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From the Editor

To 2010 -- and Beyond

This month we're peering not only at 2010 but also at a new decade. And I'm impressed with our track record.

When I was writing Kiplinger's economic outlook during the recession of the early 1980s, one of my colleagues asked if I was going to predict that we were heading into a depression. No, I said, because as bleak as things looked, I didn't think it would happen. In fact, the headline on our outlook story read, "Why the Rest of the '80s Look Better."

And that's how it turned out. Inflation was halved, oil prices collapsed, and we began the longest period of peacetime growth in U.S. history. In 1990, our lead story asked, "What can you say about a seven-year-old economic expansion that refuses to die?"

This month we're peering not only at 2010 but also at a new decade. And I'm impressed with our track record.

Looking back, I discovered that there's nothing new about the idea of a "new normal." In 1980, we noted that "yesterday's rules don't necessarily apply to your finances now." And some predictions were uncannily prescient. For instance, we observed that the supply of water, as much as oil, could play a key role in economic growth. Associate editor Tom Anderson reports that will be an even bigger challenge in the years ahead.


We warned that the cheap loans that made homes such an attractive inflation hedge in the 1970s were no longer available, so homeowners shouldn't count on making a killing. "It's best to buy a house because you want to live in it, not because you want to live off the profits when you sell," we advised. We were a couple of decades ahead of our time, but you know the rest of the story.

As the century was about to turn in 1999, Knight Kiplinger wrote about the "world boom ahead," fueled by the "dispersal of technology and a vast new middle class in developing nations that will be both tough competitors and avid customers" -- trends that some forecasters are just discovering today.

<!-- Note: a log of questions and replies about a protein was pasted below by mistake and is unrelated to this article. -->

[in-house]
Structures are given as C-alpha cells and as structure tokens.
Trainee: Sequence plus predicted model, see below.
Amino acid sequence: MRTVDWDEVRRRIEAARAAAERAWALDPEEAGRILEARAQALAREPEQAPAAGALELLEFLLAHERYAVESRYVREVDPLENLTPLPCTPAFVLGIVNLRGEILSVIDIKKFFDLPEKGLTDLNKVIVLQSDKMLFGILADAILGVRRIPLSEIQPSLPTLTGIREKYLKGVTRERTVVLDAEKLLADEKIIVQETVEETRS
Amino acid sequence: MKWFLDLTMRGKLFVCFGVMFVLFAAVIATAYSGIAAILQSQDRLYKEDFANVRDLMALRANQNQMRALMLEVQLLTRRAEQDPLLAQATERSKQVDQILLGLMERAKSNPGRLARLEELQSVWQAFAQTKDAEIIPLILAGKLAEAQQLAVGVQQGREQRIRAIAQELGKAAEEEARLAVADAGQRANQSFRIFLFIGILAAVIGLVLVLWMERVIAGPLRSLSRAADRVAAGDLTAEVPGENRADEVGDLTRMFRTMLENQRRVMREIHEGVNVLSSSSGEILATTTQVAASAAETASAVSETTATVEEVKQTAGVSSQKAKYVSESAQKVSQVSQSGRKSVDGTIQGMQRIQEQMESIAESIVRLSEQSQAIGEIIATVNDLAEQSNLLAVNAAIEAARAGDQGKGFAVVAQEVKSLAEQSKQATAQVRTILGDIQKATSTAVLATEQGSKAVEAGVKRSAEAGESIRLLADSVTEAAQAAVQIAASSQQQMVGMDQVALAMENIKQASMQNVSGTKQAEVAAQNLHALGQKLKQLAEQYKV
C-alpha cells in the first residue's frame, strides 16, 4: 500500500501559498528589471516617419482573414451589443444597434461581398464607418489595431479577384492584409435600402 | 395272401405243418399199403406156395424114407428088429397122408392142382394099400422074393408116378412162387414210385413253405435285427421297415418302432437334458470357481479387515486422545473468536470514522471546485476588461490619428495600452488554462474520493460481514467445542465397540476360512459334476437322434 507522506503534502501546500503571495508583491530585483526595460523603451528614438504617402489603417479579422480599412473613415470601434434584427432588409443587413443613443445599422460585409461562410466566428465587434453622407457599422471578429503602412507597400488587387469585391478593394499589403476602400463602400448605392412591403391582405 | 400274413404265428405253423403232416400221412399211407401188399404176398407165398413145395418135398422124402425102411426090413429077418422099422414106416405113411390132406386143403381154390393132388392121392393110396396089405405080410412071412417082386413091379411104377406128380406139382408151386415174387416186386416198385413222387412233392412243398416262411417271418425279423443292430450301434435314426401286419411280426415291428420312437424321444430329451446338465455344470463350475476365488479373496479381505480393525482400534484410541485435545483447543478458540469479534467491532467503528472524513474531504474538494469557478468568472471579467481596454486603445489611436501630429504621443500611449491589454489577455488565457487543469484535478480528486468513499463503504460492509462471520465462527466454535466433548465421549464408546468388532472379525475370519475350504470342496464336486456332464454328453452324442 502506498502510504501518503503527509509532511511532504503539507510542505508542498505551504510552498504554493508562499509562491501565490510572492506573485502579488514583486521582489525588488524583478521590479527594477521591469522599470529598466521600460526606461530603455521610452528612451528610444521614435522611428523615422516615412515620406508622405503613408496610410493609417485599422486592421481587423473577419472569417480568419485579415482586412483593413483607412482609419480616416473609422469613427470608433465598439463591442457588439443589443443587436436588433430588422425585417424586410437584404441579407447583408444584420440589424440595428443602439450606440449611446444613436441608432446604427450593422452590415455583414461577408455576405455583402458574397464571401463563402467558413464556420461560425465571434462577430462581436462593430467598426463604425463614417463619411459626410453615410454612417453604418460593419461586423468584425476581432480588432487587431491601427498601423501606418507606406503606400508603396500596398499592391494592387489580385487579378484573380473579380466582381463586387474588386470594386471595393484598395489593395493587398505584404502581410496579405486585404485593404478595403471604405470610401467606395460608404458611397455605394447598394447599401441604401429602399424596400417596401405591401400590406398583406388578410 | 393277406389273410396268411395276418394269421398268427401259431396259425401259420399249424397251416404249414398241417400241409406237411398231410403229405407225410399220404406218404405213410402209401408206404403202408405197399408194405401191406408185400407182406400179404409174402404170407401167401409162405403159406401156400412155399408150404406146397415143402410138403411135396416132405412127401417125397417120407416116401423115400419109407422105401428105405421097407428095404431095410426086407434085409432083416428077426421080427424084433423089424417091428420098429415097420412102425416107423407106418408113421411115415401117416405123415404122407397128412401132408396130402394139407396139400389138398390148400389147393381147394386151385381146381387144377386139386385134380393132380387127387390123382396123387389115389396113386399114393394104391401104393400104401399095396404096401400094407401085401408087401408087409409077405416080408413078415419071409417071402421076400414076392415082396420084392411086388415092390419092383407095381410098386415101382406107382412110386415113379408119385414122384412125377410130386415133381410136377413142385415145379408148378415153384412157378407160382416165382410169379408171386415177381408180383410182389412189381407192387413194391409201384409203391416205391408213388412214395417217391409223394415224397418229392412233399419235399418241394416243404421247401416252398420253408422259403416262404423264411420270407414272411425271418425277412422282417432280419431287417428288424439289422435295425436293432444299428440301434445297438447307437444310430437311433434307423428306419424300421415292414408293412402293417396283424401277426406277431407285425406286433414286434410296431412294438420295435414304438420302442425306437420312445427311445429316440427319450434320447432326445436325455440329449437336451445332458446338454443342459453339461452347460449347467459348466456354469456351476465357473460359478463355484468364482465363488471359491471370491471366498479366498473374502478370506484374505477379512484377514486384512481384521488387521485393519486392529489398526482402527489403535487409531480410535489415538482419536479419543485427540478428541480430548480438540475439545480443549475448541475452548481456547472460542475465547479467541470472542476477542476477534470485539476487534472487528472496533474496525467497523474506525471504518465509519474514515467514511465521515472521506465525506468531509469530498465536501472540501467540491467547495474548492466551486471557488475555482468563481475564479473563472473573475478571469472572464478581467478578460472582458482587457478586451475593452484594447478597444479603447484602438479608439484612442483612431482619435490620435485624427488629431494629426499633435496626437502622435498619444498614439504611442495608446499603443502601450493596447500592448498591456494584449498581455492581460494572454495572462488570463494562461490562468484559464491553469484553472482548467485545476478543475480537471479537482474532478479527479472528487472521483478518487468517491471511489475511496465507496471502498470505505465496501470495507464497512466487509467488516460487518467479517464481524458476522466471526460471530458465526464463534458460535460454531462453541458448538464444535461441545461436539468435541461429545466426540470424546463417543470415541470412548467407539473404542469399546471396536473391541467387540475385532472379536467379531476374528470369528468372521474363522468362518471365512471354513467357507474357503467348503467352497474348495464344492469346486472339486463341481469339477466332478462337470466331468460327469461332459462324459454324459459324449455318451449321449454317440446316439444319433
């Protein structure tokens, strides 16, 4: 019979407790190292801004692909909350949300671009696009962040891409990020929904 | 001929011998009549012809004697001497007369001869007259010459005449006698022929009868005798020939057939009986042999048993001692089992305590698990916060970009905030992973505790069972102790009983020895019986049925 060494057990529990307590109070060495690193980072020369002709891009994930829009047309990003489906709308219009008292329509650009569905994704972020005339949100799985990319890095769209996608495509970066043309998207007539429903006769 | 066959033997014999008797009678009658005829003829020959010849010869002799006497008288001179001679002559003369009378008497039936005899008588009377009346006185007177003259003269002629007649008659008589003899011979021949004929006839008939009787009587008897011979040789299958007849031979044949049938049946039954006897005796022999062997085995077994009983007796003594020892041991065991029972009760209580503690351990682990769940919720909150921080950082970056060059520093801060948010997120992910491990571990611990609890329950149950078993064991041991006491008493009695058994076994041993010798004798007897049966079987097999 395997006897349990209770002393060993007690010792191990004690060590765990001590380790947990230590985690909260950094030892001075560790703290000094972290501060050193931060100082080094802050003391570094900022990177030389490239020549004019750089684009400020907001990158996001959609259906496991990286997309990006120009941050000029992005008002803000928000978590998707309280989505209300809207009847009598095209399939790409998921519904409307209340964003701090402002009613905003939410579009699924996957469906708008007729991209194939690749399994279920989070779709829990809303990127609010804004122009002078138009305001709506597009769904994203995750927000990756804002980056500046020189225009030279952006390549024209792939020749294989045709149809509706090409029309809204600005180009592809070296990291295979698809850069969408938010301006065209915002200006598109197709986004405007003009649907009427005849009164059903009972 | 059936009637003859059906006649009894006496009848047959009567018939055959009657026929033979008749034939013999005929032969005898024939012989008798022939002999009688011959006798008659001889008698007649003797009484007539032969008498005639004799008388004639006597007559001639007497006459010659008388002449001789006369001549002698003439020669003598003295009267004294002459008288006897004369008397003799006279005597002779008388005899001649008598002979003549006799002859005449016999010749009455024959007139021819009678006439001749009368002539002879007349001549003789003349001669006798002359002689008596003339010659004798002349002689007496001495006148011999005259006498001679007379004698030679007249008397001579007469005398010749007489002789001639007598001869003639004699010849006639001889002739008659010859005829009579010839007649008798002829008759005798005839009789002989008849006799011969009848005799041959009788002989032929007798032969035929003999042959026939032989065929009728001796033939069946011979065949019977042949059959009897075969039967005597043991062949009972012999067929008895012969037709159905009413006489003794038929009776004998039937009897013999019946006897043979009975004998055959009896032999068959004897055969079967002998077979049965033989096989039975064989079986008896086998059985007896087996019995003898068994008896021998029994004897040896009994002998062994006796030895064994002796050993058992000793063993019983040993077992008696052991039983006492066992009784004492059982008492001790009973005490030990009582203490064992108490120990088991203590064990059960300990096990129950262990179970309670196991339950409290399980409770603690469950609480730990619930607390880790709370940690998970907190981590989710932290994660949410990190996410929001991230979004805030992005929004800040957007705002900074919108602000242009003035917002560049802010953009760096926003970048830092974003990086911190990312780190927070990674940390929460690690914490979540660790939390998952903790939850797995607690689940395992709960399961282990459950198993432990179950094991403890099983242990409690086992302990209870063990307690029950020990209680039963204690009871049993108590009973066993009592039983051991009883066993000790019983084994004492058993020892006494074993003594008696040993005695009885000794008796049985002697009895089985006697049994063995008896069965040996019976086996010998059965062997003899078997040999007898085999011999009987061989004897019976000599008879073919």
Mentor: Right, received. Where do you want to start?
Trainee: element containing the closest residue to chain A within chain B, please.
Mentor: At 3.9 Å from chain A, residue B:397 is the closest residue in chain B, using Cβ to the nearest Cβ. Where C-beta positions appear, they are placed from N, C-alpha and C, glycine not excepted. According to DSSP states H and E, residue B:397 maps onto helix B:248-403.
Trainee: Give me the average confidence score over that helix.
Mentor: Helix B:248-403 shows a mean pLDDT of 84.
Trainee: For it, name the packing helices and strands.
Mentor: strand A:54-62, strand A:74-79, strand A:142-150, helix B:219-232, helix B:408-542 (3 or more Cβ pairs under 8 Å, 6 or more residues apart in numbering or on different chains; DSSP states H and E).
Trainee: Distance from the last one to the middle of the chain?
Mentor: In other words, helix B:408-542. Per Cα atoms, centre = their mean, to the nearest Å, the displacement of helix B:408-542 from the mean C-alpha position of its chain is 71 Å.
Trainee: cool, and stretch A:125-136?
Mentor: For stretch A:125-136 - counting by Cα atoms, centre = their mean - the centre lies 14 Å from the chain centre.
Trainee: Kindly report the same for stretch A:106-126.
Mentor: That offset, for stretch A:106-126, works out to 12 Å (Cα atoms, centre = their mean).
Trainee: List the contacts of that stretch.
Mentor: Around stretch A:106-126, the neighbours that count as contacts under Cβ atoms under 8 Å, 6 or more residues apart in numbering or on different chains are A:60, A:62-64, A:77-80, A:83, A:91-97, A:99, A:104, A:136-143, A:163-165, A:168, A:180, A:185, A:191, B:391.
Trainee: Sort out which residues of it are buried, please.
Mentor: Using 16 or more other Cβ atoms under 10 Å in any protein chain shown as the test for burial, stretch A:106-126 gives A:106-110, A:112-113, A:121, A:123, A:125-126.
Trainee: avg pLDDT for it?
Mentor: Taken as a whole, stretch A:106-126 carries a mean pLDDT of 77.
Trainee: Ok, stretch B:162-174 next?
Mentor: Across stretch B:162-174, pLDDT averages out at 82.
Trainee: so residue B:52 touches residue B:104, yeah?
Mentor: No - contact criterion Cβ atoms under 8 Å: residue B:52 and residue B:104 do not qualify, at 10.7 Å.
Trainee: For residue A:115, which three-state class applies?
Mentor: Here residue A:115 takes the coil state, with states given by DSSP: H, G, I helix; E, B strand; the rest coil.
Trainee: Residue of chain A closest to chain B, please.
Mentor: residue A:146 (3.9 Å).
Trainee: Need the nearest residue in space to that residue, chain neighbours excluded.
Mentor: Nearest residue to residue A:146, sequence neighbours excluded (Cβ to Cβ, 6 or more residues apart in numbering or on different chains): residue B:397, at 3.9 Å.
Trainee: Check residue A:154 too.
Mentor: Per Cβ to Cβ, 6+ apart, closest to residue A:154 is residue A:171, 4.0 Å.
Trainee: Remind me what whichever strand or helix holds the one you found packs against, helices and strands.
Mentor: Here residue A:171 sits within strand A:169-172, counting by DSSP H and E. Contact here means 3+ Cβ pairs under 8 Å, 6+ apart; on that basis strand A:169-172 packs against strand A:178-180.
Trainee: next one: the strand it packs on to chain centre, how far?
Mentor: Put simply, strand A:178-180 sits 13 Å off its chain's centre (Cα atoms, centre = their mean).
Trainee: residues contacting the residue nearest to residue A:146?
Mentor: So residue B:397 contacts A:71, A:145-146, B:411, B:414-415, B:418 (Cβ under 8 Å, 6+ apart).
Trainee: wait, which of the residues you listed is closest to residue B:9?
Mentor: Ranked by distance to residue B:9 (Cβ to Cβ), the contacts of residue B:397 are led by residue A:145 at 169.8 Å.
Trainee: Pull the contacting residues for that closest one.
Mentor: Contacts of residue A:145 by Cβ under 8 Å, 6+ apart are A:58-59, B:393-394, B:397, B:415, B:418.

In 2000, we predicted that red-hot tech and Internet stocks would cool off. And we floated the almost unthinkable idea of 0% inflation by the end of the decade and a 3% yield on long-term Treasury bonds. Those bonds were recently yielding -- drumroll, please -- 3.5%.

So what do we see when we look to 2010 and beyond? Personally, I believe now, as I did back in the '80s, in the resilience of the U.S. economy. But that doesn't mean we can't muck things up. Two decades ago we worried that federal budget deficits would be a drag on the economy: "It would be healthier if Washington could find a way to consume a smaller share of available resources."


At the time, deficits were about 3% of gross domestic product. Today, even conservative forecasts predict that the government's share will be almost double that amount by 2020.

That makes me pessimistic about inflation. Sure, there's nary a whiff of it now. But Congress and the feds have unleashed a torrent of spending, and depending on Ben Bernanke alone to keep inflation under control is like depending on the Dutch boy's digit in the dike. I'd put a portion of my money in Treasury inflation-protected securities or some other inflation hedge. And when the other shoe drops, in the form of higher taxes, you'll be happy we gave you the lowdown on Roth IRA conversions.

One theme that has remained constant over all these years is our commitment to the promise we made in 1980: "There will be opportunities to thrive in the new decade if you know where to look." Come what may, you can count on that.